By now you must have heard the news of the official break-up of Bay Area metal legends Mr. Bungle. More than a few of you may be crying yourselves to sleep at night clutching your faithful copies of “Disco Volante,” cursing Mike Patton for dissolving the band who brought you the soundtrack to your wicked youth. But fear not boys and girls, for the intrepid leader of the Ipecac crew has compacted the work of the sextet of musicians who comprised the Bungle sound into a handy dandy collaboration between himself and Norwegian sonic collagist John Kaada. On “Romances,” this newly baptized duo gives Patton’s long-delayed Peeping Tom project with Dan the Automator a good run for its money by manifesting a collusion of samples and voice that utilizes everything from Esquivel to Phil Spector to Chopin to 19th century French pop. Kaada, still burning hot off the critical acclaim awarded his 2003 debut album, “Thank You for Giving Me Your Valuable Time,” astounds here, pushing his art beyond the SP1200 to incorporate a bevy of live instruments (steel guitar, drums and bass clarinet) into his already dense groove theory. Meanwhile Patton, last heard in a dream alliance with Bjork on her new “Medulla” album, hasn’t sounded this smooth since Lovage, proving once again why he is one of the most crucial crooners in modern music. The end result comes off like the proper follow-up to Mr. Bungle’s 1999 swan song, “California,” in terms of its pure intricacy and measure, and that should give grieving fans something to smile about once again. –Ron Hart
If youíre in the mood for a unique musical experience, picking up the latest collaborative effort between John Erik Kaada and Mike Patton is probably going to be very satisfactory. Romances offers a retro sensibility similar to listening to old vinyl records. The style of the music is very hard to classify, as it normally is with Mike Patton projects. While never full out rocking, the vocal stylings and harmonies are a heavy assault in itself. Mike Patton has always been involved with great music projects, from Mr. Bungle/Faith No More to Fantomas/Tomahawk, and Romances fits perfectly into his catalogue. John Erik Kaada, an artist on Pattonís record label Ipecac, is extremely gifted in instrumentation and gives Romances the otherworldly texture that helps identify itís sound. Kaada has an amazing talent of mixing production work and playing with samples and his work with Patton is well worth checking out. Romances is the best of both worlds as Pattonís vocal ability and Kaadaís production work is in top form. The album isnít quit as romantic as Pattonís other group Lovage, but more or less harkens back to the martini swilling days of yesteryear. Romances would make the perfect soundtrack to anyoneís bachelor pad. Aside from Pattonís trademarked singing, one of the greatest attributes of Romances is the musical range. The opening track, ìInvocationì, sounds like it belongs on a soundtrack to a foreign movie or old science fiction movie, and thatís only the beginning. Inspired by the works of classical composers, Romances travels to new areas that are rarely explored in modern music with fantastic tracks like ìCrepuscleî, the eleven minute opus ìAubadeî, and ìSeuleî. Romances is one of the better recent album releases and itís style is really different and sets it apart from anything else. With sounds both organic and sampled coming from a theramin, keyboards/organs, and Pattonís voice, the drumming and the use of bass mixed in with the orchestration is impressive. Whoever listens to Romances is in for a musical assault on the senses with an odd yet more than satisfying results. Patton and Kaada are talented enough to walk the line between avant-garde without seeming to go above their audiences heads. They truly love what they are doing, which is evident in the music, and I strongly recommend the music lover to check out Romances, then go out and check out other Patton and Kaada projects. Rod Eckrich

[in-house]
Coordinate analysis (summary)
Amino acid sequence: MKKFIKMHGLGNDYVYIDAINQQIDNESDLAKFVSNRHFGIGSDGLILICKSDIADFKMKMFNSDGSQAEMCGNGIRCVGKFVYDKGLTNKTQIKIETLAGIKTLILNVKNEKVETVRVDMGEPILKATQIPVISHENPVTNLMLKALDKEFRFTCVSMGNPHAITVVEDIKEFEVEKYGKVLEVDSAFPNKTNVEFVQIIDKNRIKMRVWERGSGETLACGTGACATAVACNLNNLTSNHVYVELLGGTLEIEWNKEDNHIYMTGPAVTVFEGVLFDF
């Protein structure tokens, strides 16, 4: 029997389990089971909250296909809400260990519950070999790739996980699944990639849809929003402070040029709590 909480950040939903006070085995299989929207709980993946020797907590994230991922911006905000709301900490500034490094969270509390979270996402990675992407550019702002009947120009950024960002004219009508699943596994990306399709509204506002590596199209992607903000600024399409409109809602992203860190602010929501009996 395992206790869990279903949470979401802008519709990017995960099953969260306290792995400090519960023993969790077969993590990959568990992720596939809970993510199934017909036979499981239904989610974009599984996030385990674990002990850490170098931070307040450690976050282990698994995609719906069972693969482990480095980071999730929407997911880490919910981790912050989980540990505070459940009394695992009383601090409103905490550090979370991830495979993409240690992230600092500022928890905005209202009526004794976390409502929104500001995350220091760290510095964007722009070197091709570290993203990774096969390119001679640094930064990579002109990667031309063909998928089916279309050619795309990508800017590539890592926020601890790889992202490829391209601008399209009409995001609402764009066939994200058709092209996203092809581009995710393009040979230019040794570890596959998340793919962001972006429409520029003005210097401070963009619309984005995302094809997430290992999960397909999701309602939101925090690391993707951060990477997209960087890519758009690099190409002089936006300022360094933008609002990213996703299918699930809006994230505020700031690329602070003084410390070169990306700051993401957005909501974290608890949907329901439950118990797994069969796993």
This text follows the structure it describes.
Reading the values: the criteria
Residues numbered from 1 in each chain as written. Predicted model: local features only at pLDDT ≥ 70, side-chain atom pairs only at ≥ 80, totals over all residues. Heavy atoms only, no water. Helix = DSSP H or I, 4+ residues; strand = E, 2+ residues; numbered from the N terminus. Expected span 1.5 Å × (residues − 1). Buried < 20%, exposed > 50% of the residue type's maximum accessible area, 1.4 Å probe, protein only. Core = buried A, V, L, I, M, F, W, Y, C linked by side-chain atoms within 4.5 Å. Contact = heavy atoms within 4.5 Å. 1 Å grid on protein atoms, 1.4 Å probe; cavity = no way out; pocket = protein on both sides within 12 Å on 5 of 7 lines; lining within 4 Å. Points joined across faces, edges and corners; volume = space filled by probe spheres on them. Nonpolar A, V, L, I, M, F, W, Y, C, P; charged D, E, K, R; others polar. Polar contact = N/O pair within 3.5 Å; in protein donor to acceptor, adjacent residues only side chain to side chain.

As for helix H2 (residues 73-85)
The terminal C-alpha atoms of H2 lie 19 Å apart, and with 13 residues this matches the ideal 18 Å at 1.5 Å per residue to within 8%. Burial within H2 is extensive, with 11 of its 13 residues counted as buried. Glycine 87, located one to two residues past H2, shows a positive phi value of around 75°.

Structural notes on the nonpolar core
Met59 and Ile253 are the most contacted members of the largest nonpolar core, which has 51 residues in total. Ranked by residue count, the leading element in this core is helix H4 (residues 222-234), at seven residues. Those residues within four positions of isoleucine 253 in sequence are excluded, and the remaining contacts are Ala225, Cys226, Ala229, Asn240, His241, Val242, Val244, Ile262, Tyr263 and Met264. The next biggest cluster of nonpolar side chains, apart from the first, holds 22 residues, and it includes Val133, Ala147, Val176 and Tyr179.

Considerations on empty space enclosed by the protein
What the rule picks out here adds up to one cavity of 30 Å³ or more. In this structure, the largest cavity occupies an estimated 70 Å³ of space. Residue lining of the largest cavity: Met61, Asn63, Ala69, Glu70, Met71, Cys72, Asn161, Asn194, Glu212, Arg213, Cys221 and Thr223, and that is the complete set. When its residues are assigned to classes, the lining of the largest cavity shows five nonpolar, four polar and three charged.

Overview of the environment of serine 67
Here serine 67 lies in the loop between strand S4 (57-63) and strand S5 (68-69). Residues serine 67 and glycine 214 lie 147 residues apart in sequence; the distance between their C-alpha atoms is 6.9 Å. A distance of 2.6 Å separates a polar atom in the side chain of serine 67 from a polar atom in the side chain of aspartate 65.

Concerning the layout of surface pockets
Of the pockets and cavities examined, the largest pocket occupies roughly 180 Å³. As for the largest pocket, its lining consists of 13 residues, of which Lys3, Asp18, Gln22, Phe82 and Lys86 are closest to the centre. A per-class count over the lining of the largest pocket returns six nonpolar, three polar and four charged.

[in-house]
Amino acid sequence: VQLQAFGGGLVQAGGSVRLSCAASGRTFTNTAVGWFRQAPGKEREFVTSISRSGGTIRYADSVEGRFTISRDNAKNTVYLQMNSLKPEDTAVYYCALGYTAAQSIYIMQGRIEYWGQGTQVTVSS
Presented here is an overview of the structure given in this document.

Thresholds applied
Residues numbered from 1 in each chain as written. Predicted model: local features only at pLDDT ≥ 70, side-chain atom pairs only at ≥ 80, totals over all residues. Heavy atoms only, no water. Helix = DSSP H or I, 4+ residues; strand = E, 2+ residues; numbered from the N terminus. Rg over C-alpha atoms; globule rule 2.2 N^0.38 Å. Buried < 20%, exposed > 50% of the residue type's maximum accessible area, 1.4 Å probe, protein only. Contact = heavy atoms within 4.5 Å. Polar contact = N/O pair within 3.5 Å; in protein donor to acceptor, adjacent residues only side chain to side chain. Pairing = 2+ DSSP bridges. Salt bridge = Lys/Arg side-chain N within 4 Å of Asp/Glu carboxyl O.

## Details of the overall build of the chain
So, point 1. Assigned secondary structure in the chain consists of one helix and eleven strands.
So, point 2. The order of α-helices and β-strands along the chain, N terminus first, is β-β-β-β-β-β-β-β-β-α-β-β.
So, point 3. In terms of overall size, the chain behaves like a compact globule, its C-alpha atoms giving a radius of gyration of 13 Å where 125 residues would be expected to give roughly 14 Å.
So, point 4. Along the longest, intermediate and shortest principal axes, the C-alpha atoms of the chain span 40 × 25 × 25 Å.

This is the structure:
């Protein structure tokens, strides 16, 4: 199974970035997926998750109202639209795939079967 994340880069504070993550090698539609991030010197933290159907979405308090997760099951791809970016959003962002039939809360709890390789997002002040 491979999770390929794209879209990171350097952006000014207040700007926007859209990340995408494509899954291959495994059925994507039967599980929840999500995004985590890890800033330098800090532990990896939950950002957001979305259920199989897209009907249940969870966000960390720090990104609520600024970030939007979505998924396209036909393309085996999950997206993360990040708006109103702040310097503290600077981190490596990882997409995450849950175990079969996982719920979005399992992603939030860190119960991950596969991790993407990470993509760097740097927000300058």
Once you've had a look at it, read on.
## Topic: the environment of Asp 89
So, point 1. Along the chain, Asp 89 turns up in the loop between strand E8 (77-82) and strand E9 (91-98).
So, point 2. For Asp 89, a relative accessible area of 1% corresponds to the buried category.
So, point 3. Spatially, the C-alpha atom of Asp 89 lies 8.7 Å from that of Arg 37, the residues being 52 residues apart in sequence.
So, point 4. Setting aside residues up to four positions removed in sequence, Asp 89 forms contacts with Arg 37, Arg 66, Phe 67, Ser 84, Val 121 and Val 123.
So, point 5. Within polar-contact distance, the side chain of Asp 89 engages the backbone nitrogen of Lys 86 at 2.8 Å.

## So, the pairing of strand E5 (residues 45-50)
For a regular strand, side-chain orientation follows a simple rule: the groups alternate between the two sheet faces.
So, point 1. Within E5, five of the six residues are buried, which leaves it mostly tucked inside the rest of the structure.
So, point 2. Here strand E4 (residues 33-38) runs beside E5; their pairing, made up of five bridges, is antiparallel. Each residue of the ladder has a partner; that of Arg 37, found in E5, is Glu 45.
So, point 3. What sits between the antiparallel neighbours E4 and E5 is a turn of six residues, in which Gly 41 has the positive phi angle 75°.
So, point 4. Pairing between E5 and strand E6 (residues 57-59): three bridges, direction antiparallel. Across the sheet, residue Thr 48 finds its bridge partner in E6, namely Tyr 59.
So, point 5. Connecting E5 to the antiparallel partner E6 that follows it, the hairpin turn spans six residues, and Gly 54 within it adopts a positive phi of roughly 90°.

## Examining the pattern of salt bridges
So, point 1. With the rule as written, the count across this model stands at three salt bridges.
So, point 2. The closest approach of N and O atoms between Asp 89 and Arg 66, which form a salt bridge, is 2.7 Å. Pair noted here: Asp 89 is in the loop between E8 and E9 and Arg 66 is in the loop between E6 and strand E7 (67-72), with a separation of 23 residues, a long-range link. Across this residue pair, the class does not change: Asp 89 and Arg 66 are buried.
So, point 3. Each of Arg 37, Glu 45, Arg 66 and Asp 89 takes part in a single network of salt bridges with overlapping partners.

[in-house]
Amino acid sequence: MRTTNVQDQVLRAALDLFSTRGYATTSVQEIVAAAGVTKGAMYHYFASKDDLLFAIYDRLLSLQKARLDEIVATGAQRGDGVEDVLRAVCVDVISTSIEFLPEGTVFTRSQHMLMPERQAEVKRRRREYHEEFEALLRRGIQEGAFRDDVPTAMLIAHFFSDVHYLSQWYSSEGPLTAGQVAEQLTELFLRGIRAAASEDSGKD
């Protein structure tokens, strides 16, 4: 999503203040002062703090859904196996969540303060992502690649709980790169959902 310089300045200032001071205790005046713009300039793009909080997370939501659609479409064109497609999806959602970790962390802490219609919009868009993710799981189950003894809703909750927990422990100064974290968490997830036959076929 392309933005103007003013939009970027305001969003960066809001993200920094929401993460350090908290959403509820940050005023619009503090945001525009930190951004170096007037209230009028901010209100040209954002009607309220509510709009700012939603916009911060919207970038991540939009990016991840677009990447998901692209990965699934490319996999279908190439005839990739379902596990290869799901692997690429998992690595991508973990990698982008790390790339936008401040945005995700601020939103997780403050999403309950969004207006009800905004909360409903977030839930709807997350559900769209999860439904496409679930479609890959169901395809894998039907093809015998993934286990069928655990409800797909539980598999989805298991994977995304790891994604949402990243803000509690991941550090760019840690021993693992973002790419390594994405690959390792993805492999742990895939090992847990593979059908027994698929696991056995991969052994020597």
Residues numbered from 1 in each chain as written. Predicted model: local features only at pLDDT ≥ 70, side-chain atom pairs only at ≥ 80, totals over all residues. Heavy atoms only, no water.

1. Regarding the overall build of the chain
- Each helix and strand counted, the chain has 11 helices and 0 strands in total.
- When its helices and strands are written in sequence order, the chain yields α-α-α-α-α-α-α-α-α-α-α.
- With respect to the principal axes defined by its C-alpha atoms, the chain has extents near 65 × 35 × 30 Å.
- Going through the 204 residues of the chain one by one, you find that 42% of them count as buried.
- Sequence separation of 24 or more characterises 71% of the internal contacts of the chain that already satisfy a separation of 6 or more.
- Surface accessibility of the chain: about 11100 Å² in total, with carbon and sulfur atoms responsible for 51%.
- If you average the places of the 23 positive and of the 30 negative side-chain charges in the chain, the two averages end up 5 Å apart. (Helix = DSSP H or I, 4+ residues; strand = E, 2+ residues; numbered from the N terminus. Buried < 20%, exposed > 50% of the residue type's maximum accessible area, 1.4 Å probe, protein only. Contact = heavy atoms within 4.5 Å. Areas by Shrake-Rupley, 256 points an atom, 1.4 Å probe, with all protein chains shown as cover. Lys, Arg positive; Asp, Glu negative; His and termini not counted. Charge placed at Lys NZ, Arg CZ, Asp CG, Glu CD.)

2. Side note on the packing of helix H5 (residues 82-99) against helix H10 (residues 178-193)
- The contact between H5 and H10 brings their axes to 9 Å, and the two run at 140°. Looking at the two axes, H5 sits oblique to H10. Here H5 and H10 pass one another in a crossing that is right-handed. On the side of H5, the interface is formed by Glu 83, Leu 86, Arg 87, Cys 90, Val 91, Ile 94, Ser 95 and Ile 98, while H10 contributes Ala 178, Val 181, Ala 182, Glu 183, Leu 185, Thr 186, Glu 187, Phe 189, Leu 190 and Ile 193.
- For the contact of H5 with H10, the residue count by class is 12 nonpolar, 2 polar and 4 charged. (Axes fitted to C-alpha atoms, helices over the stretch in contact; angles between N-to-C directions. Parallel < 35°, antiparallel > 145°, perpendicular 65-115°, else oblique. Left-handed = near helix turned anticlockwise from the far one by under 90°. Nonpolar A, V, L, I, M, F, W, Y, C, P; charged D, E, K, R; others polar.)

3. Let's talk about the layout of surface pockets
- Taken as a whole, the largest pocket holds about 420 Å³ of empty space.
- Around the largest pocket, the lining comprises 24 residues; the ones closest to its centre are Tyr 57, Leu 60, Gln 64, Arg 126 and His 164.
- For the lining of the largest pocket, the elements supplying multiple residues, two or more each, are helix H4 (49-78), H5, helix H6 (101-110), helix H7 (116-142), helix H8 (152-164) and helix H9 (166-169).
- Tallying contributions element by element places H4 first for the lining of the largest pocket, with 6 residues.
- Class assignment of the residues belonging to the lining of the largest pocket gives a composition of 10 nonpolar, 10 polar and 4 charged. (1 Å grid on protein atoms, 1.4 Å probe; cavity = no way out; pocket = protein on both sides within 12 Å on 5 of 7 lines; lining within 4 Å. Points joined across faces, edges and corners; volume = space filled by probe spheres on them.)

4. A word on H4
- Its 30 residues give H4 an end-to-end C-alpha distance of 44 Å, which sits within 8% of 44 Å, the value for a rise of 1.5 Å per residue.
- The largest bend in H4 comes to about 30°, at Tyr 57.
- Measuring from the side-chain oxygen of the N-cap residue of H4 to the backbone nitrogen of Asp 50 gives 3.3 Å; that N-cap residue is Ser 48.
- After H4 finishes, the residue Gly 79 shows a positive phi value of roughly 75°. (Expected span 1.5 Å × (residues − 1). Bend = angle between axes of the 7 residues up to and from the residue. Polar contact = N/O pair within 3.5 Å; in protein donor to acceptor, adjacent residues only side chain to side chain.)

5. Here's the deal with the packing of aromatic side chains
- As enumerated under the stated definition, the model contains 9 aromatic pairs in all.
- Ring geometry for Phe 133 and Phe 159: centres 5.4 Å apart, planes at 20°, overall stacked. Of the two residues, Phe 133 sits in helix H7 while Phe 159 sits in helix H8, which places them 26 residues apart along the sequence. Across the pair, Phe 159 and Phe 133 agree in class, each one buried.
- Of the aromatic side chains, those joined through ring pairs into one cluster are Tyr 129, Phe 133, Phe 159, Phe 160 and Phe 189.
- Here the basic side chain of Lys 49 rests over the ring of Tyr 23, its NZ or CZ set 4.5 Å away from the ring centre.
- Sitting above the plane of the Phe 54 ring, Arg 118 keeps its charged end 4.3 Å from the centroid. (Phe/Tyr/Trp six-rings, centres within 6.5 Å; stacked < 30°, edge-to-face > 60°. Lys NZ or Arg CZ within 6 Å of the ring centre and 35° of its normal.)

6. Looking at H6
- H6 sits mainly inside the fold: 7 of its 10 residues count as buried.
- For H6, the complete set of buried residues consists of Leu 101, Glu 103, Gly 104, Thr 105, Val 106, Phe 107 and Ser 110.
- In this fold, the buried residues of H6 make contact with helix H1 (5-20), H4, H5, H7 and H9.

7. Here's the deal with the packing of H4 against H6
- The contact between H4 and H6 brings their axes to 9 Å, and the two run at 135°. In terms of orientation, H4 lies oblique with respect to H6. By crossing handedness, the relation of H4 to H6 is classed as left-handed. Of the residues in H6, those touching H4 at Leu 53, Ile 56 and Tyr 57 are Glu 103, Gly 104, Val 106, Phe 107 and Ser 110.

It shouldn’t come as too much of a surprise that Mike Patton’s idea of romance is a little different from the norm. Along with Norwegian composer John Kaada, he’s created this “seductive” album that is a decidedly more sinister kiss—think vampires in velvet capes as opposed to a candlelit dinner. Much of the credit goes to Kaada, who follows up his mind-bending samplicious 2003 debut masterpiece with an even more twisted take on hillbilly harmonicas, cartoon sound effects and sultry orchestration. This is what happens when the boys who pulled on a girl’s pigtails to get her attention actually grow up, get smart and fall in love. Patton, ever the evil genius, reminds everyone that there’s a strong and talented voice behind the madness, and then, once you’re sold, proceeds to run around the room whispering gibberish in your ears and charming your pants off. Romances is certainly a difficult starting point for appreciating either artist, but it’s also the sound of two artists very much at home in a salacious affair. With Kaada willing to drop the funk every now and then, and Patton apparently going so far as to sing what sounds like the chorus to Simon And Garfunkel’s “The Boxer,” the album is hard to ignore and demands closer inspection with headphones. Doing so reveals Romances as a complicated labor of (and about) love. – PETER D’ANGELO